Experience is never limited and it is never complete; it is an immense sensibility, a kind of huge spider-web of the finest silken threads suspended in the chamber of consciousness, and catching every air-borne particle in its tissue.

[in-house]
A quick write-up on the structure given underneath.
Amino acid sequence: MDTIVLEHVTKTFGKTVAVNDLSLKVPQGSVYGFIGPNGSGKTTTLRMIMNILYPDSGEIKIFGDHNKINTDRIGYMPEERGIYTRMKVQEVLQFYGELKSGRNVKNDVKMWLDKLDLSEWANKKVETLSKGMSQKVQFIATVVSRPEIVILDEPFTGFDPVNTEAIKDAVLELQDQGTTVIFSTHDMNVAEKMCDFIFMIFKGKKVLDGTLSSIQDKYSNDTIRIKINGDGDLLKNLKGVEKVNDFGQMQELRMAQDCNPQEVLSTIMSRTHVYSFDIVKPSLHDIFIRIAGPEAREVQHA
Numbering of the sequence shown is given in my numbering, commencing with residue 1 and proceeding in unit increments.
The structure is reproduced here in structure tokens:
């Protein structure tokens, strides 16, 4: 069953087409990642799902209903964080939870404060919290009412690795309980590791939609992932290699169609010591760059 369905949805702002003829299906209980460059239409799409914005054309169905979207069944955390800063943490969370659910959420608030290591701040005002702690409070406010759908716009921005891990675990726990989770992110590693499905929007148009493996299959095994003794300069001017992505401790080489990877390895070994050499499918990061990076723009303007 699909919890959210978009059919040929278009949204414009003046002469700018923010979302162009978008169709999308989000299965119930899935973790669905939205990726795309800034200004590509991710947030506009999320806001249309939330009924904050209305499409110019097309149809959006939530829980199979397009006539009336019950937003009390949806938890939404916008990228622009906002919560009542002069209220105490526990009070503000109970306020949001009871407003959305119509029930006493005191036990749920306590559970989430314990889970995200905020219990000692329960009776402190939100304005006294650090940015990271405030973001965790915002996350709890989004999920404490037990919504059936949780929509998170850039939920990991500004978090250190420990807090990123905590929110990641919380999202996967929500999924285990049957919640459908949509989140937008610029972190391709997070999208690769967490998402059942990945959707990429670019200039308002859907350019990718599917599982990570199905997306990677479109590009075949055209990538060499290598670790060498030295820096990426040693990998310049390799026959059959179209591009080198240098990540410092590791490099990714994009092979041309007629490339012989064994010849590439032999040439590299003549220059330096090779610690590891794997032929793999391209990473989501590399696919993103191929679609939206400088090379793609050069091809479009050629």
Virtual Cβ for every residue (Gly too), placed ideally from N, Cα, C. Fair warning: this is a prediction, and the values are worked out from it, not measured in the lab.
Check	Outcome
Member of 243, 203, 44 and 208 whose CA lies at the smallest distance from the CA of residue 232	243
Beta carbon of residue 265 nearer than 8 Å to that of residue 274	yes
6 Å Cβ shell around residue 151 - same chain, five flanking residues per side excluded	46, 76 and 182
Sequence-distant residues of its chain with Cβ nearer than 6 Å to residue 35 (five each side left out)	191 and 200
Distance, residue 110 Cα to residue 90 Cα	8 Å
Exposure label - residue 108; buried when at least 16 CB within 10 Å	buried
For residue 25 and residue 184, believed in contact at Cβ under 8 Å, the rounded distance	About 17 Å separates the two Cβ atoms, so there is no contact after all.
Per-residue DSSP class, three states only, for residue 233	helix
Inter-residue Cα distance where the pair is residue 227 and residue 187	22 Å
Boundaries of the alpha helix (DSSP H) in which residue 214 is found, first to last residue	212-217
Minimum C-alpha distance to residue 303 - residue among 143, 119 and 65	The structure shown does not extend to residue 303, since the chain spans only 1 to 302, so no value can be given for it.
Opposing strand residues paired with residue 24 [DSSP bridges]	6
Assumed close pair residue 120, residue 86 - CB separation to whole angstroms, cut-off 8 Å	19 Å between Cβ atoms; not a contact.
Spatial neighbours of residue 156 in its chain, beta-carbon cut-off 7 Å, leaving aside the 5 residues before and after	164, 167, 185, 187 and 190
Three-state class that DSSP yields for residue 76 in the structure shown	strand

For the past 25 years, Henry James has ranked as America's top writer, beating out giants like Faulkner, T. S. Eliot and Melville in terms of volume of literary scholarship devoted to an author's works. Renowned for their psychological realism, lapidary prose, and, at times, their opacity, the novels of Henry James – including "The Portrait of a Lady," "The Bostonians," "The Wings of the Dove," "The Ambassadors," and "The Golden Bowl," – serve as an exponent to the inner lives of those inhabiting the upper echelons of 19th century American society. They painstakingly attend to such themes as the cost and frangibility of personal freedom, the crosscurrents of passion, the vicissitudes of adolescence and matrimony, and the consequential encounters between naïve Americans and corrupt, worldly Europeans. To celebrate what would have been James's 169th birthday, here are some favorite quotes from the master.